A new Star Wars novel provides a religious basis for why Obi-Wan Kenobi lied to Luke Skywalker about Darth Vader’s true identity. Chuck Wendig’s new book Aftermath: Empire’s End - which is approved by Lucasfilm’s story group and therefore considered official Star Wars canon - sheds a little light on Obi-Wan’s white lie, but first, let me get you up to speed with the relevant info.
Wendig’s Empire’s End reveals a selection from the Journal of the Whills, a book within the Star Wars universe that explains the light and dark sides of the Force. The Whills have a complicated history, but they were originally intended to be immortal beings who were narrating the entire story of the Star Wars saga. George Lucas ended up scrapping that idea and the Whills morphed into the Force itself. But the name still popped up around the edges of the stories throughout the years. The Whills are referenced in a few deleted scenes from the prequel trilogy. And remember Donnie Yen’s blind monk Chirrut Imwe from Rogue One? He was part of a religious order called the Guardians of the Whills.
After Luke makes the horrific discovery in The Empire Strikes Back that Vader is his father, he confronts Obi-Wan’s Force ghost in Return of the Jedi about why Obi-Wan lied to him. Obi-Wan’s response is a masterclass in bullshit: he explains that Anakin Skywalker was seduced by the dark side, and when Anakin became Vader, Anakin was destroyed. So technically, Obi-Wan says, what he told Luke at the time was true… “from a certain point of view.” For those who saw Empire in the theater for the first time back in 1980, this probably seemed like a pretty blatant retcon.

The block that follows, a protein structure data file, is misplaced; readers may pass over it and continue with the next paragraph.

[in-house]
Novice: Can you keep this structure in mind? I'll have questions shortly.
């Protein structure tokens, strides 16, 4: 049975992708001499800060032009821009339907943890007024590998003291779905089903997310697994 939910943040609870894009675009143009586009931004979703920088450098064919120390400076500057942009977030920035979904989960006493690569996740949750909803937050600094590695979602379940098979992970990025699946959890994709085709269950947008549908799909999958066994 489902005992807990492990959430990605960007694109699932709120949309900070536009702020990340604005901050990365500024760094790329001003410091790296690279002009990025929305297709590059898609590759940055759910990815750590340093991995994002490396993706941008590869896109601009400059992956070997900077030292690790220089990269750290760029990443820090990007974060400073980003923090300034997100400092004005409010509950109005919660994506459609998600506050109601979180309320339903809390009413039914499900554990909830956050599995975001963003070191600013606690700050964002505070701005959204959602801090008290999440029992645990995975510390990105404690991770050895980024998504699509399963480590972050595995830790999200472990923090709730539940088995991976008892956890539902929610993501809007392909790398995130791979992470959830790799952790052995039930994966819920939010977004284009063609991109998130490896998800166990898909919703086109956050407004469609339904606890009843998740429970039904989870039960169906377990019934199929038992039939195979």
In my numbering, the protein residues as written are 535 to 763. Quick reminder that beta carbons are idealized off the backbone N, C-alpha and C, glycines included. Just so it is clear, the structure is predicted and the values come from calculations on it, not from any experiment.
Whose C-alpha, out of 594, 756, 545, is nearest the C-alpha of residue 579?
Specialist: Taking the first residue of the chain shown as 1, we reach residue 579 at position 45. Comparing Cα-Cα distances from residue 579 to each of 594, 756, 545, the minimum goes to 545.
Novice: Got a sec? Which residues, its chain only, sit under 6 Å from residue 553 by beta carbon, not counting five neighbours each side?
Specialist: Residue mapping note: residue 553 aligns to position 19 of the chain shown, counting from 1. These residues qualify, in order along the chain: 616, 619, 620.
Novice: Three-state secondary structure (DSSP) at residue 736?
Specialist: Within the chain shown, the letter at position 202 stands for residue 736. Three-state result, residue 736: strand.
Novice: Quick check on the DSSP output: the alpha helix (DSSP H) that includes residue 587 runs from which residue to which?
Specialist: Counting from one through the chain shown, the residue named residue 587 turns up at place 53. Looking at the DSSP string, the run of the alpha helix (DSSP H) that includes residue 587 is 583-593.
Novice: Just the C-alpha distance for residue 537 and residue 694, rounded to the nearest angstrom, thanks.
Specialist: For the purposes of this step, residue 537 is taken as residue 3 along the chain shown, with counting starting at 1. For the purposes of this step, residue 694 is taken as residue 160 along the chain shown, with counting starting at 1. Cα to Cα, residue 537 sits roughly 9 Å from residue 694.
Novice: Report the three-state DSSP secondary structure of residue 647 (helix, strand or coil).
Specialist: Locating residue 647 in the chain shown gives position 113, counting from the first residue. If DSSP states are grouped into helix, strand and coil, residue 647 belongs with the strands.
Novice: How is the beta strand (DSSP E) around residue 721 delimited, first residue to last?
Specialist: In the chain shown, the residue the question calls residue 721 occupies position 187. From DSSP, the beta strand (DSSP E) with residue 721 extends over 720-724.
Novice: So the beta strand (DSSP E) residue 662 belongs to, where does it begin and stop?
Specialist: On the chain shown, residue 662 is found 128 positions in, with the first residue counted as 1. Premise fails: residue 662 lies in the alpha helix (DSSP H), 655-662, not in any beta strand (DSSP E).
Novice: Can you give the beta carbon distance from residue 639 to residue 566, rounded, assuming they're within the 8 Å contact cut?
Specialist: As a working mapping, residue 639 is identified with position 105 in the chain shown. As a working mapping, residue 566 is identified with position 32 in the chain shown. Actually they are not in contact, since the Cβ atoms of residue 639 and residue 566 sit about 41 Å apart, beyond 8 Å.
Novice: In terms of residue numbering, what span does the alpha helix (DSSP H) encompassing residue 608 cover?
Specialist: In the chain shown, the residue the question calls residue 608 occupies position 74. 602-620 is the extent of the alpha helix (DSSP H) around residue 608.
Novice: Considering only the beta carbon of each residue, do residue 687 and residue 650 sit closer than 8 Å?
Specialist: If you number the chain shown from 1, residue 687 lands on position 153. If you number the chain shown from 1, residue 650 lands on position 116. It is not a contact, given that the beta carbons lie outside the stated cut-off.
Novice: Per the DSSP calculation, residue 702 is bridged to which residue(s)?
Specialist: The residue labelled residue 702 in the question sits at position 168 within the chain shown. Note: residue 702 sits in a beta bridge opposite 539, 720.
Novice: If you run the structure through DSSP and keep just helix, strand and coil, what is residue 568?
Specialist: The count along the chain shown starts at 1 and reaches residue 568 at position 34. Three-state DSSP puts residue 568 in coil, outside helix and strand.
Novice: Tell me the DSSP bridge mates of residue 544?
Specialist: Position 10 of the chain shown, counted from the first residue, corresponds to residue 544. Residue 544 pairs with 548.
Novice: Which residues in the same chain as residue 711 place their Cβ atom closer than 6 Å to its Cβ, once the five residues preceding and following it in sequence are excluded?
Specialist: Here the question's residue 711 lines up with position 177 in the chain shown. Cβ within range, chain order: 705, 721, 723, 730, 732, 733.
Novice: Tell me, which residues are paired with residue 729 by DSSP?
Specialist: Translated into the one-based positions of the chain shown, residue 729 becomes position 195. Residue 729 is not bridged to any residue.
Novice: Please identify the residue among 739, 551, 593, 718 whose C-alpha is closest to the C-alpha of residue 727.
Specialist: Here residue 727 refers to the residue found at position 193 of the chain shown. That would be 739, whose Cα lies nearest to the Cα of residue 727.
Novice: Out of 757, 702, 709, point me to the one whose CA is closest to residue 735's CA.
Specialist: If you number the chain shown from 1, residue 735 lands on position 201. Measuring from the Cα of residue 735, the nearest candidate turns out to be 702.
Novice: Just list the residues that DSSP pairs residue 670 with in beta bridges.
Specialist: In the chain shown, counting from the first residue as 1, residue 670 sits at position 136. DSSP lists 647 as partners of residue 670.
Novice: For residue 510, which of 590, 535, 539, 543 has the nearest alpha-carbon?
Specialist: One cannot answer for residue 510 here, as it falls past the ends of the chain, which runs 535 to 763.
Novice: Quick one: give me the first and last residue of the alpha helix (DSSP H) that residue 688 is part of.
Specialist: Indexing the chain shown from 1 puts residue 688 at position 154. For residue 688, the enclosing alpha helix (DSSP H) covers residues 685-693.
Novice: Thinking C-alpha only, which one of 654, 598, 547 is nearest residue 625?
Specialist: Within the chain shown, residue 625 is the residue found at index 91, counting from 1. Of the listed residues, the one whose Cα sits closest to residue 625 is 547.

"The truth in our soul
Is that nothing is true.
The question of life
Is what then do we do?
The burden is ours
To penance, we hew.
The Force binds us all
From a certain point of view."
So it turns out Obi-Wan was just quoting from his religion’s scripture when he lied to Luke. I have to imagine Wendig was pretty pleased with himself for coming up with that, because he must have known that hardcore fans would be nodding and saying, “I see what you did there.” Retconning a retcon… that’s some expert-level trolling, sir.
Update: An earlier version of this article was unclear about the film in which Luke confronts Obi-Wan. It has been updated for clarity.